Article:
of Santa Barbara, California; fourteen years before another 143,000 gallons spewed from a ruptured pipeline. Why was the sand stained with oil? Was it a pinhole leak in a nearby pipeline? A small spill from one of the many offshore drilling platforms? I don’t know. My focus was elsewhere in those days. What I do know is that if you ask me about my time in Santa Barbara, I will tell you about shoe covers.
I fear the same could happen to the pristine shorelines of Lakes Michigan and Huron.
I first wrote a blog about Line 5 in 2013, after reading the National Wildlife Federation report “Sunken Hazard;” after listening to scientists express concerns that the technology and lessons learned from ocean spills might not apply to a freshwater spill in the Great Lakes; after watching a University of Michigan simulation demonstrate how rapidly a spill would disseminate in the heavy current and strong winds of the Straits.
At the end of this month, two independent reports commissioned by Michigan Governor Rick Snyder and Attorney General Bill Schuett, are scheduled to be released. The studies will shape the debate on the future of two oil pipelines stretching beneath the waters of the Straits of Mackinac. One analyzes six alternatives to transporting the light crude oil and natural gas currently flowing through Line 5 from western Canada to a refinery in Sarnia, Canada. The other provides a comprehensive review of the economic and environmental impact of a worst-case spill.
The Line 5 decision, which is solely in the hands of Snyder and Schuett, is a decision that touches all 9,883,640 citizens in the state—from the safety of our drinking water to the ability to sail, hike, boat, and play safely, cleanly, along the 3,288 miles of our coastline.
It is a business decision. For it affects the value of homes, cottages, marinas, restaurants, shops, breweries, and resorts along Lakes Michigan and Huron. An oil spill will slow the steady stream of visitors to the state—like the 113 million who, according to Tourism Economics, spent over $22.8 billion in 2014. It will affect the 4.3 million registered boaters—with boats of all shapes and sizes. It is why over 230 businesses have signed on to the Oil and Water Don’t Mix Campaign and another fifty-five joined the Great Lakes Business Network. From Mackinac Island to Traverse City to Grand Rapids to Chicago, business leaders are calling Line 5 too risky for the benefits derived. It is why 25 cities, 11counties, 26 townships, and 15 tribal organizations are publicly calling for the decommissioning of Line 5.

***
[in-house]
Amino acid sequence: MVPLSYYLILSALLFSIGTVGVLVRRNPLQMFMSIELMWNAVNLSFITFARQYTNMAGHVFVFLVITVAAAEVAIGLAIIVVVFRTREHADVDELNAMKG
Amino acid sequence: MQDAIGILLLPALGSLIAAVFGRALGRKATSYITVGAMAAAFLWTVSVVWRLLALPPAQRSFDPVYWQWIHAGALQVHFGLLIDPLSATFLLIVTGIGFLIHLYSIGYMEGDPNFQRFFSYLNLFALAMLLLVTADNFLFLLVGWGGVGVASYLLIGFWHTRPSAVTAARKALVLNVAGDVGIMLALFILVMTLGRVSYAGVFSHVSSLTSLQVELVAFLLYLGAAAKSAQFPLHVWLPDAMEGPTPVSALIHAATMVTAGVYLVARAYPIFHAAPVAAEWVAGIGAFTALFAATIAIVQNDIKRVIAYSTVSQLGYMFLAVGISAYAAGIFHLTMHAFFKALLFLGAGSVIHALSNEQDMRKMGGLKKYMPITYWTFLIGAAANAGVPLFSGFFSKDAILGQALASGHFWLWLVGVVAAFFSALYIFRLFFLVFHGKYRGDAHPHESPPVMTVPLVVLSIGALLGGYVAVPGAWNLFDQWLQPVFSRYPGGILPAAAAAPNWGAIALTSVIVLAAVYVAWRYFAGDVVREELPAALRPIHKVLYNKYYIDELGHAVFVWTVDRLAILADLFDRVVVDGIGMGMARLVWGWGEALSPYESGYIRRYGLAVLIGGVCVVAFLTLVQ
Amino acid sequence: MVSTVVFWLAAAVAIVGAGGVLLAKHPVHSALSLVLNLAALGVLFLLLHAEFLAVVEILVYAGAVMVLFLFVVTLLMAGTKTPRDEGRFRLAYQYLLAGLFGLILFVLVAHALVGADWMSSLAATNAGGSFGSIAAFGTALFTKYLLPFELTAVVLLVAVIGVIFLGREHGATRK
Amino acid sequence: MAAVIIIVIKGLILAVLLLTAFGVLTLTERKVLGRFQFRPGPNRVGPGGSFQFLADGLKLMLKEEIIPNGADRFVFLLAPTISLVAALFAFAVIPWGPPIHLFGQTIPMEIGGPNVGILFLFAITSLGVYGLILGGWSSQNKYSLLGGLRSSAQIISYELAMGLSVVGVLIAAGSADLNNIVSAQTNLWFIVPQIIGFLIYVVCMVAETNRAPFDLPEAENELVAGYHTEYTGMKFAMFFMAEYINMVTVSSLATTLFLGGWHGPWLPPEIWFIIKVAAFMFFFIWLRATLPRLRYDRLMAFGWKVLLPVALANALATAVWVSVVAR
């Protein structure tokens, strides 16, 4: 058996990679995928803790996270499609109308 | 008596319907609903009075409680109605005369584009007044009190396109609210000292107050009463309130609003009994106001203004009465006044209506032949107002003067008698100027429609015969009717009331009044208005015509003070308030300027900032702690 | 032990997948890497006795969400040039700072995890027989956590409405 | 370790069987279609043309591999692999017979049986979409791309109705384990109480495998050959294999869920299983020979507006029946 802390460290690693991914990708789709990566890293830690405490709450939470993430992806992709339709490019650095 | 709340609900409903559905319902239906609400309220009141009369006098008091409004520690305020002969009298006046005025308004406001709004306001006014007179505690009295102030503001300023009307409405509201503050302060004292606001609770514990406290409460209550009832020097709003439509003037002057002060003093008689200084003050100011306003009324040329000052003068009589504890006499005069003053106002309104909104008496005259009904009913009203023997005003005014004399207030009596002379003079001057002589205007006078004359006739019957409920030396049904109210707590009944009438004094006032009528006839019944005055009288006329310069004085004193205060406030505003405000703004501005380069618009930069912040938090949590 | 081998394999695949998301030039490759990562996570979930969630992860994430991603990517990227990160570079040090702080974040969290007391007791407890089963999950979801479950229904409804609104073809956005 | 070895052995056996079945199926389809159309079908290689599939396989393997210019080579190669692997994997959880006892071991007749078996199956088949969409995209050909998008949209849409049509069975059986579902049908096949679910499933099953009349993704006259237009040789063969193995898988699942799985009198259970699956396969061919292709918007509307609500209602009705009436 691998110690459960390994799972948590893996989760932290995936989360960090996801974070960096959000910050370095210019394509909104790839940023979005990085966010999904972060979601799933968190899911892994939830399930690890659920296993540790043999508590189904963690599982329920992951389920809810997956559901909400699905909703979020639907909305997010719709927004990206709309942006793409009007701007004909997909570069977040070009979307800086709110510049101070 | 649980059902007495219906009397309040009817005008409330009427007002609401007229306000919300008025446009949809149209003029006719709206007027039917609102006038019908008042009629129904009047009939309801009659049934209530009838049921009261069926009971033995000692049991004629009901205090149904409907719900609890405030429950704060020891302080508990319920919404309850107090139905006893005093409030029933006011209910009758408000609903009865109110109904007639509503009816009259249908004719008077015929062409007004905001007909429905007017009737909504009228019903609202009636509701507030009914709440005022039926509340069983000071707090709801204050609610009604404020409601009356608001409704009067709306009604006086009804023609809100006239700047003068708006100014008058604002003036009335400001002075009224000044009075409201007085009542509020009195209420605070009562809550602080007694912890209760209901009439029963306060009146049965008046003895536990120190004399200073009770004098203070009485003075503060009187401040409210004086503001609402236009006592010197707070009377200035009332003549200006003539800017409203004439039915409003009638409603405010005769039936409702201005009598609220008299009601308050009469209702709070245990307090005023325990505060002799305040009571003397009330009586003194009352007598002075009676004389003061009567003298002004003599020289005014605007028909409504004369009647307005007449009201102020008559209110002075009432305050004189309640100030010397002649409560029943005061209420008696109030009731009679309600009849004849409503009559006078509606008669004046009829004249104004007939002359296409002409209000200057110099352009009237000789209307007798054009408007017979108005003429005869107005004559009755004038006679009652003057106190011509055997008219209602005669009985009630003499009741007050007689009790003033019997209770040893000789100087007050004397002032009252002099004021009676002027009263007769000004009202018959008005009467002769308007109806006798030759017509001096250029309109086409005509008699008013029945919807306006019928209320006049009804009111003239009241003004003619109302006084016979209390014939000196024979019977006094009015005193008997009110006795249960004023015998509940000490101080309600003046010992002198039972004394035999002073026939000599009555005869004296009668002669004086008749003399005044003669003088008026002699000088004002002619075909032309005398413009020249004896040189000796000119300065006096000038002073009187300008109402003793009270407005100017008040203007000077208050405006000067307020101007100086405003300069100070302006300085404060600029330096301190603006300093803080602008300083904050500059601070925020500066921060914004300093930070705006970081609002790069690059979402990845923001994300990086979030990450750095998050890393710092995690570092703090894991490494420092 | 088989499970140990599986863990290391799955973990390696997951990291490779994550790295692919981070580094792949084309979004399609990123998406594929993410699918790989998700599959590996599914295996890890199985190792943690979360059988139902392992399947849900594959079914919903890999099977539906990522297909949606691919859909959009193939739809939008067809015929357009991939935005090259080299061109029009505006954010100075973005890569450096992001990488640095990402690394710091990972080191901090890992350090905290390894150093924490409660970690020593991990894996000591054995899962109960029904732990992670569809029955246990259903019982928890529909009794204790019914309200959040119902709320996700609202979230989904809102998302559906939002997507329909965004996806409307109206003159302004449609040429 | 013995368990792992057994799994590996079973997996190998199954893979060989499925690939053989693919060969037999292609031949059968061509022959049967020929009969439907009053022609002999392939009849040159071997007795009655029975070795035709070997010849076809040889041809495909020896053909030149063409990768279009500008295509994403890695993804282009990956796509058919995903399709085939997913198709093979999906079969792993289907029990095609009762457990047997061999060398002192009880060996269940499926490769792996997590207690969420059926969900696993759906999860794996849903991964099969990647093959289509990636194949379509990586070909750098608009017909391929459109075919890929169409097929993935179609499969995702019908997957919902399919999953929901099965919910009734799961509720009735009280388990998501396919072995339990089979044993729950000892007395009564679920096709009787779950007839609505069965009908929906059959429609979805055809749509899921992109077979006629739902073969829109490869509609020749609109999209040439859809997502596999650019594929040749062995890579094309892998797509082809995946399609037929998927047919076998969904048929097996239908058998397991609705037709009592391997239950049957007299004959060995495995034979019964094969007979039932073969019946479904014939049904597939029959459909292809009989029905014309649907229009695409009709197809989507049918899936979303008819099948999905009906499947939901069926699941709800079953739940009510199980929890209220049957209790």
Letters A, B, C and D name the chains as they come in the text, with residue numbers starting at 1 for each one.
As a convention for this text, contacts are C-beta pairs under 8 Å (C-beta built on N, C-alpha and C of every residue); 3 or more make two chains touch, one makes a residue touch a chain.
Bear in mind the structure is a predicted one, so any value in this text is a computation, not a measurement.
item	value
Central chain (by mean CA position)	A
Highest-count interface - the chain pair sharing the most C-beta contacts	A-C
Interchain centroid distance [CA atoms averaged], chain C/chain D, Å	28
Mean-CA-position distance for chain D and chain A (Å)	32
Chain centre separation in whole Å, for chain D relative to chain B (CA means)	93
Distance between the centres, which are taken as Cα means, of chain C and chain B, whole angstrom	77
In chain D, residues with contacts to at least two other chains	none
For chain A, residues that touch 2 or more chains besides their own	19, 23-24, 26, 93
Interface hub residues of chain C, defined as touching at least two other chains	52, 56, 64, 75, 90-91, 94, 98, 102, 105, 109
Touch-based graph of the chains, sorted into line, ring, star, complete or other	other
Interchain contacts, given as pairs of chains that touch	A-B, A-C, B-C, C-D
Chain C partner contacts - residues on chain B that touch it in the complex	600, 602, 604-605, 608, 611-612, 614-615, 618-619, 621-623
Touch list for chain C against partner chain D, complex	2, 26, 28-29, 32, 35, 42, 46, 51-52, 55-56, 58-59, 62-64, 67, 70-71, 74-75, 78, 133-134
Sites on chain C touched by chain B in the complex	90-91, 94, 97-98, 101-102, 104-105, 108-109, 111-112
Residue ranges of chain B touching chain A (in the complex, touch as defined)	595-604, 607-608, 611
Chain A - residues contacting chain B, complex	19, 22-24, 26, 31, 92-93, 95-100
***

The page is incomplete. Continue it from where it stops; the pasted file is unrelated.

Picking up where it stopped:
And so I ask the Governor to make it easy for me, and thousands like me, to hear directly from the experts about options and worst case scenarios. Have the courage to hold multiple public hearings, including one in Grand Rapids or Kalamazoo, where memories of Enbridge spilling one million gallons of oil into the Kalamazoo River are still fresh. Have the willingness to listen to concerns and comments.
I want to wear flip-flops in my home, not shoe covers. And, clearly, I am not alone.
Urgent 6/22/2017 Update to Flip Flop Blog
The state of Michigan scrapped the report on the environmental and economic risks associated with Line 5 because of a conflict of interest by one of the researchers. The researcher was working simultaneously on the Line 5 study for the state and a project for Enbridge. To learn more visit http://michiganradio.org/post/deq-scraps-line-5-safety-report.
Meanwhile, Enbridge has filed a request to add an additional 22 anchor supports to the aging pipeline. The public has until June 29 to provide comment on the request to Michigan’s Department of Environmental Quality.
The cynic in me suspects there is a link—that Enbridge knowingly hired the researcher involved in Michigan’s study to further delay the truth; that the company is using the delay to continue bandaging a pipeline under attack by a mushrooming group of citizens, scientists, governments, and businesses; that if the DEQ approves the investment in the anchors, Enbridge will use that as a lever to demand the continuation of Line 5, regardless of risk.
But since I believe cynicism is one of the Achilles Heel’s to democracy, I prefer to ask why the state of Michigan would choose to piecemeal decisions about Line 5? The risk to our water and way of life is too great. Decommission the pipeline UNTIL a complete assessment is conducted by an independent organization as to the safety and efficacy of the pipeline; UNTIL alternative transportation methods are reviewed; UNTIL the economic and environmental risk to Michigan associated with a spill is truly weighed against the benefits; UNTIL the money, machinery, and expertise required to contain a spill in fresh water is available regardless of weather.
We cannot afford to darken our water or our sand with oil! Please take a moment to sign a petition drafted by the Oil and Water Don’t Mix organization calling for a halt in the flow of oil until these critical questions are answered. Thank you.
Update as of 6/22/2017
The state of Michigan has scrapped a risk study on Enbridge’s Line 5 and fired the contractor just a week before a first draft of the report was to be released due to a conflict of interest by one of the investigators. To learn more click on Michigan Public Radio
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